An Exploration of Quality Assurance Activities within the Texas Critical Access Hospital Program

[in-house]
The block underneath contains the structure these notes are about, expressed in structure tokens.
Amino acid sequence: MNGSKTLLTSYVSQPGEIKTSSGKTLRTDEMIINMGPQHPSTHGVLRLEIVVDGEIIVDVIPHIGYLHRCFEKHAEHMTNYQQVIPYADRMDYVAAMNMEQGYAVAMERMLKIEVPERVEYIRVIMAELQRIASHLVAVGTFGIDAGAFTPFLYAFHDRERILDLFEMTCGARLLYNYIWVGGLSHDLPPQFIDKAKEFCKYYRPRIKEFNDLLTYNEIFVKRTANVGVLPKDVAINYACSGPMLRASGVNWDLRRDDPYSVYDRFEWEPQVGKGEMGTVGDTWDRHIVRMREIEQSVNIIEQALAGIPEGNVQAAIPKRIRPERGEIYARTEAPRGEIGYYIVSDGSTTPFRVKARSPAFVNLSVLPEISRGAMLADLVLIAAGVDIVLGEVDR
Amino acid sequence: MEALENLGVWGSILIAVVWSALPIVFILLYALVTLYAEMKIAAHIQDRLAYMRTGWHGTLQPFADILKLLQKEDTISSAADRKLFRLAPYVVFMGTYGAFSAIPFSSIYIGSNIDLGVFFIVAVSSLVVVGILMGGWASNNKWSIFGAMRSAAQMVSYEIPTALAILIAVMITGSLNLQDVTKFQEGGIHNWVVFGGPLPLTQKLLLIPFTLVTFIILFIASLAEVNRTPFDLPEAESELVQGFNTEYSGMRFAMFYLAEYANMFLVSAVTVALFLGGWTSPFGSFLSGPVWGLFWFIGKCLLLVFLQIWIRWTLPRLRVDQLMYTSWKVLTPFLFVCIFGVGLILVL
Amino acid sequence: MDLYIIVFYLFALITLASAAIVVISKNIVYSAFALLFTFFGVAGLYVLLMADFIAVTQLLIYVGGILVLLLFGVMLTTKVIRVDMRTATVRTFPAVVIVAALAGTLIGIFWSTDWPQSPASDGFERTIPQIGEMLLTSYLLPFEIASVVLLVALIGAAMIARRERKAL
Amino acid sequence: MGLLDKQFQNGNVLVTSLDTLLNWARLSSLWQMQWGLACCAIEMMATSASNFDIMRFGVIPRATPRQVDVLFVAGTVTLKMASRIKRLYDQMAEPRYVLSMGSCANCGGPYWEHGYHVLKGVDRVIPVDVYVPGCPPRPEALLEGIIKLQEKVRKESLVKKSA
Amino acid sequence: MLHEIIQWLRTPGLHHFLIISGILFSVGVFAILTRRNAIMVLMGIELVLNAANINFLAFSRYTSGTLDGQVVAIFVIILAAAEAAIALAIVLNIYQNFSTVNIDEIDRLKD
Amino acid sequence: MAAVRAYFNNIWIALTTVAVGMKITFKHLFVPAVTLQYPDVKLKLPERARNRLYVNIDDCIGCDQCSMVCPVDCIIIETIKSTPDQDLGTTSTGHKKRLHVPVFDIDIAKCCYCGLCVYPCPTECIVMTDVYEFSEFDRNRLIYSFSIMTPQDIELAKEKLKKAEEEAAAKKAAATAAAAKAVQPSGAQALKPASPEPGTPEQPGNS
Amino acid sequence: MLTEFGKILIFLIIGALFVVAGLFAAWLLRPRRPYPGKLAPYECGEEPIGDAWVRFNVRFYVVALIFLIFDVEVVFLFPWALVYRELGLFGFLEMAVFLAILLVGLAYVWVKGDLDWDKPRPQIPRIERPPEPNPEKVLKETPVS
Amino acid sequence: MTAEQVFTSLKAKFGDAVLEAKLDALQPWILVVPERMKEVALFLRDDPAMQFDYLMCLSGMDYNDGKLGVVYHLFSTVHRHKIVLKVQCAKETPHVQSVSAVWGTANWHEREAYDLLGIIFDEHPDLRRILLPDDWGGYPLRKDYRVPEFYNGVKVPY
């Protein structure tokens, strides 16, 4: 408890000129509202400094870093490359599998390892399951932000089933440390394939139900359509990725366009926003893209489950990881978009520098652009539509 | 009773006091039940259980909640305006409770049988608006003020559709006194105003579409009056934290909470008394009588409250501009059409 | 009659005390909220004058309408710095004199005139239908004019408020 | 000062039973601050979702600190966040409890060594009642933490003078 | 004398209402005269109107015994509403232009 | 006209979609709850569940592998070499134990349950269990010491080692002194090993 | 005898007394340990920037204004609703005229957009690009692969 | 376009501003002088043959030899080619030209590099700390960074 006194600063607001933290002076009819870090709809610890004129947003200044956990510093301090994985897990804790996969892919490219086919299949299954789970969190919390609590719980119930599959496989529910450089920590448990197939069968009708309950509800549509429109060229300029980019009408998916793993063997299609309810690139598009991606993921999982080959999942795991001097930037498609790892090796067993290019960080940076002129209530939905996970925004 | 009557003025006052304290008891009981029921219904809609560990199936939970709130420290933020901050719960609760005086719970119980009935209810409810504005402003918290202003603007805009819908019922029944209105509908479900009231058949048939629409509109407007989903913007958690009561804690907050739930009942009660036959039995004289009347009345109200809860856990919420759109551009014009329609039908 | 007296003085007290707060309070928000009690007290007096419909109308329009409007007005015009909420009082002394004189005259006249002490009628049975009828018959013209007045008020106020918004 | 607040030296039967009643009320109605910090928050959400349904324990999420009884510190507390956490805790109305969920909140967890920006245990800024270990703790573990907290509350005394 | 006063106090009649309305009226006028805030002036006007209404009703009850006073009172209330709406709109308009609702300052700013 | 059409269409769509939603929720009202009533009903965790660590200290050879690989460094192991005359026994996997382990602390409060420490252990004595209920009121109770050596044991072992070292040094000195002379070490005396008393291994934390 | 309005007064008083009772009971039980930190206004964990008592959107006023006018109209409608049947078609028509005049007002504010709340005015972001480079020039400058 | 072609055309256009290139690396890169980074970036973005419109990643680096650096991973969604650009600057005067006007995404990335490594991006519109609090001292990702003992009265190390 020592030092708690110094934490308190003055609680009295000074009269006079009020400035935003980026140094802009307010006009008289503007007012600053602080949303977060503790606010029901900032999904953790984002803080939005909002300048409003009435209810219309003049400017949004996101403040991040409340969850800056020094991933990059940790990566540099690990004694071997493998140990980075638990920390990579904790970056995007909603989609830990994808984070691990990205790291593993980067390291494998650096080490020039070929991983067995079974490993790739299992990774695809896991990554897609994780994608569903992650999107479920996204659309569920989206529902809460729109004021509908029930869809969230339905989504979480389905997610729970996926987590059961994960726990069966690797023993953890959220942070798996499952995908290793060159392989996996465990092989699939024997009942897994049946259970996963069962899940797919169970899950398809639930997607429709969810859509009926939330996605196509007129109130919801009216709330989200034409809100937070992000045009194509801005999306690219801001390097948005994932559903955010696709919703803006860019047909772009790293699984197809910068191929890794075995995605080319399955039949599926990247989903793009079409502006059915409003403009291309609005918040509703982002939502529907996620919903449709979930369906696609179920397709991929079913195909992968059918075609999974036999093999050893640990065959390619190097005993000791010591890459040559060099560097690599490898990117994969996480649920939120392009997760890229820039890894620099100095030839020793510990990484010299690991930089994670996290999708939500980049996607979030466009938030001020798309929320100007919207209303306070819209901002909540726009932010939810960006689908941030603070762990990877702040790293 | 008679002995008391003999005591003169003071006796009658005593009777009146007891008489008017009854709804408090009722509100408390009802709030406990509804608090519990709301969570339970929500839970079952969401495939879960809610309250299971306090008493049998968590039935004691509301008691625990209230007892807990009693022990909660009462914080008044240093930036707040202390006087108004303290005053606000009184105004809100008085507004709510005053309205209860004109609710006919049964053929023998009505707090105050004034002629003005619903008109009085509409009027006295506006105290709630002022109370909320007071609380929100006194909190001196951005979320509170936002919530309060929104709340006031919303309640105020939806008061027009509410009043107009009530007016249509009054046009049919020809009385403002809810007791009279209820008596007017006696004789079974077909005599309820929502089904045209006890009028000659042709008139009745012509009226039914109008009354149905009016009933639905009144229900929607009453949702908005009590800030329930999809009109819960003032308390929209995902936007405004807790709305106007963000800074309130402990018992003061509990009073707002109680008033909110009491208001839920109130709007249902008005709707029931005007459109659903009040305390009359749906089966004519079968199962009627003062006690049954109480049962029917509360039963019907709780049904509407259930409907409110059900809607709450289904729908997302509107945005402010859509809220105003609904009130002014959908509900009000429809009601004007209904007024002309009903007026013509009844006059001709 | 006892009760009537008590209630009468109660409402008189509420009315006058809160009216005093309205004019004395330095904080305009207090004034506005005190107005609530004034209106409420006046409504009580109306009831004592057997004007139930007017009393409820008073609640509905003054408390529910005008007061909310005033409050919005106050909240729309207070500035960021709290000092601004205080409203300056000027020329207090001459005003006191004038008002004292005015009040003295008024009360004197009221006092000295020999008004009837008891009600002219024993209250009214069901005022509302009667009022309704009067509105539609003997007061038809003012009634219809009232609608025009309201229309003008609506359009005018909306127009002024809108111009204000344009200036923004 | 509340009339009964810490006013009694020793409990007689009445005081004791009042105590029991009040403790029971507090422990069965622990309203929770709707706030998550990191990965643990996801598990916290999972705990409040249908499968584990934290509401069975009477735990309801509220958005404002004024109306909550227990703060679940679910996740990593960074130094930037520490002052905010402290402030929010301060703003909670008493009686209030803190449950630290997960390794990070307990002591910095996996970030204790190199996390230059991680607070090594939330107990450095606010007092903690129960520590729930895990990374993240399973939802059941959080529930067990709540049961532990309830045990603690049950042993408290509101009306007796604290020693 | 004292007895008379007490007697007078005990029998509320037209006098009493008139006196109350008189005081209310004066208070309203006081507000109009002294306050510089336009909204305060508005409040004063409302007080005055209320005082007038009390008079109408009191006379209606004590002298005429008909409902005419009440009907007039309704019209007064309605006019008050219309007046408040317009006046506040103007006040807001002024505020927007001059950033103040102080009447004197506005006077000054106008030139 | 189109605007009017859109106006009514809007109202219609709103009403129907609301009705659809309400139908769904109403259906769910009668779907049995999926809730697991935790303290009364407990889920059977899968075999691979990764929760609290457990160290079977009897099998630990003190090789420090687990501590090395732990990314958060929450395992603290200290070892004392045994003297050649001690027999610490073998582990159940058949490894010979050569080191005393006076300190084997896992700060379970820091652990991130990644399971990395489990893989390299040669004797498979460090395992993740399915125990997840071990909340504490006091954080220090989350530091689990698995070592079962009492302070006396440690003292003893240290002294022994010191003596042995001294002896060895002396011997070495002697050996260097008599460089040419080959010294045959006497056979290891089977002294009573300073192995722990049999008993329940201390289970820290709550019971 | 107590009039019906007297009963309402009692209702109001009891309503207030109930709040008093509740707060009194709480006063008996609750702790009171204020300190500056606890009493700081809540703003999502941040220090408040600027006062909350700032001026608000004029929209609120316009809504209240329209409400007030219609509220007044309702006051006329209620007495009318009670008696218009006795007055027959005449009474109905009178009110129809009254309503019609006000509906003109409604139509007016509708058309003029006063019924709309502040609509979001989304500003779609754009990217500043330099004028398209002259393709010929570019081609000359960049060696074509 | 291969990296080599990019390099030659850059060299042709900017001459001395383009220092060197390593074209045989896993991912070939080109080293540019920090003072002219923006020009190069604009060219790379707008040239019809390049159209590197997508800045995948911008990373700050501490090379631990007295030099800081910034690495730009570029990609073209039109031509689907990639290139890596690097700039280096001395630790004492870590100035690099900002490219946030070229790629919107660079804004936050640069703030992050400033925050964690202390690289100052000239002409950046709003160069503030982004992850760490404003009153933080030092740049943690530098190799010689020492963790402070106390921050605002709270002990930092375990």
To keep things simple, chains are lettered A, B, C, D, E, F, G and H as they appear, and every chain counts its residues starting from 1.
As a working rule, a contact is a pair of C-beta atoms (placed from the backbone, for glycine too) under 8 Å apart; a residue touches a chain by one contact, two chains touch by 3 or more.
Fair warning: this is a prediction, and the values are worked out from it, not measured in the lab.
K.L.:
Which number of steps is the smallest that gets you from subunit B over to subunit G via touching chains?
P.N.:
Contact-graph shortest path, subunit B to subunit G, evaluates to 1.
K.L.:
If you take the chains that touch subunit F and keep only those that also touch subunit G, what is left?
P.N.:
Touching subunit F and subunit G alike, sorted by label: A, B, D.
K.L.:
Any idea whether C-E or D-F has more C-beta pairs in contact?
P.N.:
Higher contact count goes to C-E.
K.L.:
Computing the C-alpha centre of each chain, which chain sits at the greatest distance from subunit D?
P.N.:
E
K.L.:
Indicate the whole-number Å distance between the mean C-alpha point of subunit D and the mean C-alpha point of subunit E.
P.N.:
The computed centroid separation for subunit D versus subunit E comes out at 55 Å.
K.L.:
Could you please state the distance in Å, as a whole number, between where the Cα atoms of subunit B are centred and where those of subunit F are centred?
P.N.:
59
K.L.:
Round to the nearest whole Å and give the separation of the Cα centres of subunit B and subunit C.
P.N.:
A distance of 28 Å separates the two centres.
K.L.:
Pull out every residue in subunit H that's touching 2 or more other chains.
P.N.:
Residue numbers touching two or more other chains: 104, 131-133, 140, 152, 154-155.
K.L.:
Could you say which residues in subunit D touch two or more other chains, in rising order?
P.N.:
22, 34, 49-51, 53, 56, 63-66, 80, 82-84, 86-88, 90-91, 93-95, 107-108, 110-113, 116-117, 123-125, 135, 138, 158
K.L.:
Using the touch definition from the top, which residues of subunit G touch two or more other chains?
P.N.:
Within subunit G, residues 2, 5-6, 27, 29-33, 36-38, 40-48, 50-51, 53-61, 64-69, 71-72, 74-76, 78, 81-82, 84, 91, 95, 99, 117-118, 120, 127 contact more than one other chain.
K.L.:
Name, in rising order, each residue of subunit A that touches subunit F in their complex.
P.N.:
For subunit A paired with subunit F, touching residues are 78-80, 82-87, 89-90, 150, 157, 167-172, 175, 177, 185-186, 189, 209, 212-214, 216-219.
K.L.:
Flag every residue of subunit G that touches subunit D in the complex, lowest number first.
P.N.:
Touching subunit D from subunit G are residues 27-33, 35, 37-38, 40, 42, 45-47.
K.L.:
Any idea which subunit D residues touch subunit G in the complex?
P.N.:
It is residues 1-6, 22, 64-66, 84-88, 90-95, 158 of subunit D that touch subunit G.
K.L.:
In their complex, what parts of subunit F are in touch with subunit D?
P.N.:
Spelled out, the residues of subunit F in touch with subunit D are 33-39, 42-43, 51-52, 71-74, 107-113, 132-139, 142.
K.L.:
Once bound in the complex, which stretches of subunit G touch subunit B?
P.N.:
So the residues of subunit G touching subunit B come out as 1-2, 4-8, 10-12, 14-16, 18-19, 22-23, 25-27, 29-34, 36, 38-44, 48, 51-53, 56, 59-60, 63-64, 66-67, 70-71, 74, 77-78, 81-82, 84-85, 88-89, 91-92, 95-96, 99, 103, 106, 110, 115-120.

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Small rural hospitals across the nation continue struggling to maintain adequate access to quality health care services for their communities. Hundreds of hospitals have closed the past two decades, with Texas leading the nation during the 1980s. The hospitals that have remained in operation often have financial difficulties that make the delivery of quality patient care very difficult. A majority of small rural hospitals are characterized by old and used equipment, very small medical staffs, poor informational technology and limited services. These hospitals also have a sizeable dependency on Medicare reimbursement since many of their patients are elderly Medicare beneficiaries. Historically, Medicare has not reimbursed these hospitals for their cost of providing services and this has contributed greatly to their financial distress. Fortunately, the Balanced Budget Act of 1997 has addressed the rural hospital Medicare reimbursement issue through creation of the Critical Access Hospital (CAH) Program. Hospitals that receive the CAH designation are to focus mainly on emergency and out patient services. Inpatient services and the length of stays per patient are to be limited within CAHs. The Medicare reimbursement rate for these hospitals has been raised to a higher "reasonable" cost rate and this gives the CAH a better chance of survival. In addition to higher reimbursement rates, Medicare grants these facilities lower staffing standards and only requires that basic quality assurance activities take place. The tasks associated with extensive quality assurance activities that are common in urban hospitals will not be found in most CAHs. Given their limited scope of services, special staffing allowances and lack of extensive quality assurance requirements, a legitimate concern exists for the types of activities that do take place to ensure the quality of care within these hospitals. The purpose of this research is to explore quality assurance activities within the recently created Texas Critical Access Hospital Program. The conceptual framework for the research is derived from an extensive review of rural health care and Critical Access Hospital regulatory and scholarly literature. A triangulation of methodologies consisting of surveys, interviews and document analysis is used to test the working hypotheses within the research. The triangulation method is useful for this research due to the small population of CAHs within Texas at the time of the study. The research findings indicate that the Texas CAH program is a new program in it's early stage of development. In addition, the findings indicate the need for further development of rural health care networks and peer review organization quality assurance relationships. Fortunately, the leadership at the Texas State Office of Rural Health has identified these areas of needed development and is proactively addressing them.